Thousands of people remained trapped in Gaza’s largest hospital Monday, where evacuations have been hampered by fierce fighting between Israeli and Hamas forces.
Conditions are worsening for hundreds of patients and thousands of others sheltering around Al-Shifa hospital — which has become the focus in the five-week-old war.
On Sunday, witnesses at the Gaza City hospital told AFP that “violent fighting” raged throughout the night.
As the clatter of small arms fire and aerial bombardments echoed across the sprawling complex, doctors reported two babies died when power to their incubators was cut.
Israel says that Hamas militants — who killed 1,200 people during the October 7 attacks that sparked the war — have deliberately based an operational headquarters at the facility and in an underground tunnel complex.
The World Health Organization (WHO) and other UN agencies warned that as many as 3,000 patients and staff are sheltering inside without adequate fuel, water or food.
“Regrettably, the hospital is not functioning as a hospital anymore,” said WHO director Tedros Adhanom Ghebreyesus, after making contact with on-the-ground staff.
“It’s been three days without electricity, without water,” he said, describing the situation inside as “dire and perilous.”
Youssef Abu Rish, deputy health minister in the Hamas government, on Sunday said three more premature babies had died along with six other patients who had been in critical condition.
“We fear the toll will rise further by morning,” he said.
– ‘Self-evacuation’ –
Israel is facing intense international pressure to minimise civilian suffering amid a massive air and ground operation that Hamas authorities say has already killed 11,180 people, including 4,609 children.
Foreign officials like EU foreign policy chief Josep Borrell have urged Israel to show “maximum restraint”, while condemning Hamas for using “hospitals and civilians as human shields.”
Israel’s military said it would observe a “self-evacuation corridor” Monday, allowing people to move from Al-Shifa southward, but admitted the area was still the scene of “intense battles.”
The area of fighting “currently includes the area surrounding the Shifa hospital but not the hospital itself”, a spokesperson for the Israel Defense Forces told AFP.
Tens of thousands of Gazans have already fled from the north of the territory under Israeli orders.
But it is unclear what, if any, provisions there would be for the sick and injured to be transported from Al-Shifa.
The Israeli army also said its ground soldiers had hand-delivered 300 litres of fuel to the hospital “for urgent medical purposes”.
The military shared grainy night-time footage of combat troops hauling jerry cans, leaving a dozen or more outside a building.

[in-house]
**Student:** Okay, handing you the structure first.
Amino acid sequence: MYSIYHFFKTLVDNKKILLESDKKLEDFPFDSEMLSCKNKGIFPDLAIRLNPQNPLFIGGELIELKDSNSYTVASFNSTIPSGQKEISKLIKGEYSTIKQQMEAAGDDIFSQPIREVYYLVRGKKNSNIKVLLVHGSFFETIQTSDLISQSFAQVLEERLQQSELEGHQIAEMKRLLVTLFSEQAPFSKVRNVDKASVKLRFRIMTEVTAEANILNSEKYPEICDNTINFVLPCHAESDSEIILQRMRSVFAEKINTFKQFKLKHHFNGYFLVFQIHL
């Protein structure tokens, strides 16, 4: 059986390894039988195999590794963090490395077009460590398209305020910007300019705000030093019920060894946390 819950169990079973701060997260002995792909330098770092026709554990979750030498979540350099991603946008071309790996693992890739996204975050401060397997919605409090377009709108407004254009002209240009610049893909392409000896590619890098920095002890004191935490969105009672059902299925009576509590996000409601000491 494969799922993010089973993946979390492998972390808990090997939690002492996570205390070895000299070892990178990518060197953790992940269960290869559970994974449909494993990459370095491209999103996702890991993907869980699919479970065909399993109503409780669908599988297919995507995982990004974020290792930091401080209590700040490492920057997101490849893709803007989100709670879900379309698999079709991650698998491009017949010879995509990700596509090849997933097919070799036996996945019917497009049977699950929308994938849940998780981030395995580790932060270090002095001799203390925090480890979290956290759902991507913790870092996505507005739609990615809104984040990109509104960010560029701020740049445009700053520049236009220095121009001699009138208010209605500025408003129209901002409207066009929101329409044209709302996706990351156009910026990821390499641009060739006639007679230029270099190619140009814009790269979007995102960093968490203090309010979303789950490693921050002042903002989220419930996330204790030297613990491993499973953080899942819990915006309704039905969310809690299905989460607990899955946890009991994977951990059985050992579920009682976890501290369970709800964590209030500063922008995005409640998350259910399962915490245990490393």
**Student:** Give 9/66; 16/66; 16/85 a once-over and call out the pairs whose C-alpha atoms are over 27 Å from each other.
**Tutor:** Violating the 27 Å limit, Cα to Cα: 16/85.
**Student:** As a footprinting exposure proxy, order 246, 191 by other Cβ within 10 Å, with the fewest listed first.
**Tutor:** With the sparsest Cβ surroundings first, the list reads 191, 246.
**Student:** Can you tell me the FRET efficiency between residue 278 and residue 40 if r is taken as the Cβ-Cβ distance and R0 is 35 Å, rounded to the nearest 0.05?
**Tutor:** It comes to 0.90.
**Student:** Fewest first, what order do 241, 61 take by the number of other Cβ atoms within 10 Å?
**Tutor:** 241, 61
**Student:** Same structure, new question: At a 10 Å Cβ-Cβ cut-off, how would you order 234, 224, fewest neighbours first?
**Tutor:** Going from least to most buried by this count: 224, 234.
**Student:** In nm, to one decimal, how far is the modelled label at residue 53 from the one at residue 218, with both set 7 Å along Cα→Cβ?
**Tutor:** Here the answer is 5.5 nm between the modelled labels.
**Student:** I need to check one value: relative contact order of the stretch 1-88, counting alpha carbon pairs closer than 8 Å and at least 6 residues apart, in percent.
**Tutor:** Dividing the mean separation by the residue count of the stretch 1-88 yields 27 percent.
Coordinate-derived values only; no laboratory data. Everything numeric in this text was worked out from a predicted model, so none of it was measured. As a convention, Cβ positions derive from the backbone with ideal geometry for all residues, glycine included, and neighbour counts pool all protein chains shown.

AFP was unable to independently verify the footage, or Israel’s claim that Hamas “forbade the hospital from taking it.”
Only a handful of trucks carrying fuel had been let into Gaza since October 7, with Israel concerned fuel deliveries would be used by Hamas militants.
Al-Shifa director Mohammad Abu Salmiya told journalists the Israeli claims were “lies”.
The 300 litres the army said had been delivered would power generators for “no more than quarter of an hour” anyway, Abu Salmiya said.
– Dwindling supplies –
Inside the hospital, AFP last week witnessed the sick and injured on gurneys that packed corridor walls.
The courtyard of the emergency ward was dotted with people and piles of rubbish lay uncollected.
Some of the thousands displaced by the fighting camped at the facility using make-shift kitchens and what few supplies they had.
Across Gaza City at the Al-Quds hospital the picture was also said to be dire, with the Palestinian Red Crescent warning it was now out of service due to a lack of generator fuel.
Twenty of Gaza’s 36 hospitals are “no longer functioning”, according to the UN’s humanitarian agency.
Almost 1.6 million people — about two-thirds of Gaza’s population — have been internally displaced since October 7, according to the UN agency for Palestinian refugees UNRWA.
Israel’s Prime Minister Benjamin Netanyahu has ruled out calls for the ceasefire, saying Hamas must first release the estimated 240 hostages taken on October 7.
Israelis are still stunned by the worst attack in their country’s history and preoccupied with the fate of those still missing.
A recent poll by the Israel Democracy Institute showed many Israelis back talks with Hamas to secure the release of hostages, but believe fighting should not be halted.
Netanyahu told US media that “there could be” a deal to free the hostages, but stopped short of providing any details.
“The less I say about it, the more I’ll increase the chances that it materialises,” he told NBC.
White House National Security Council spokesman John Kirby told MSNBC there has been “active negotiation” on a potential deal but kept mum on any details, while a Palestinian official in Gaza accused Israel of dragging its feet.
“Netanyahu is responsible for the delay and obstacles in reaching a preliminary agreement on the release of several prisoners,” the official told AFP on condition of anonymity.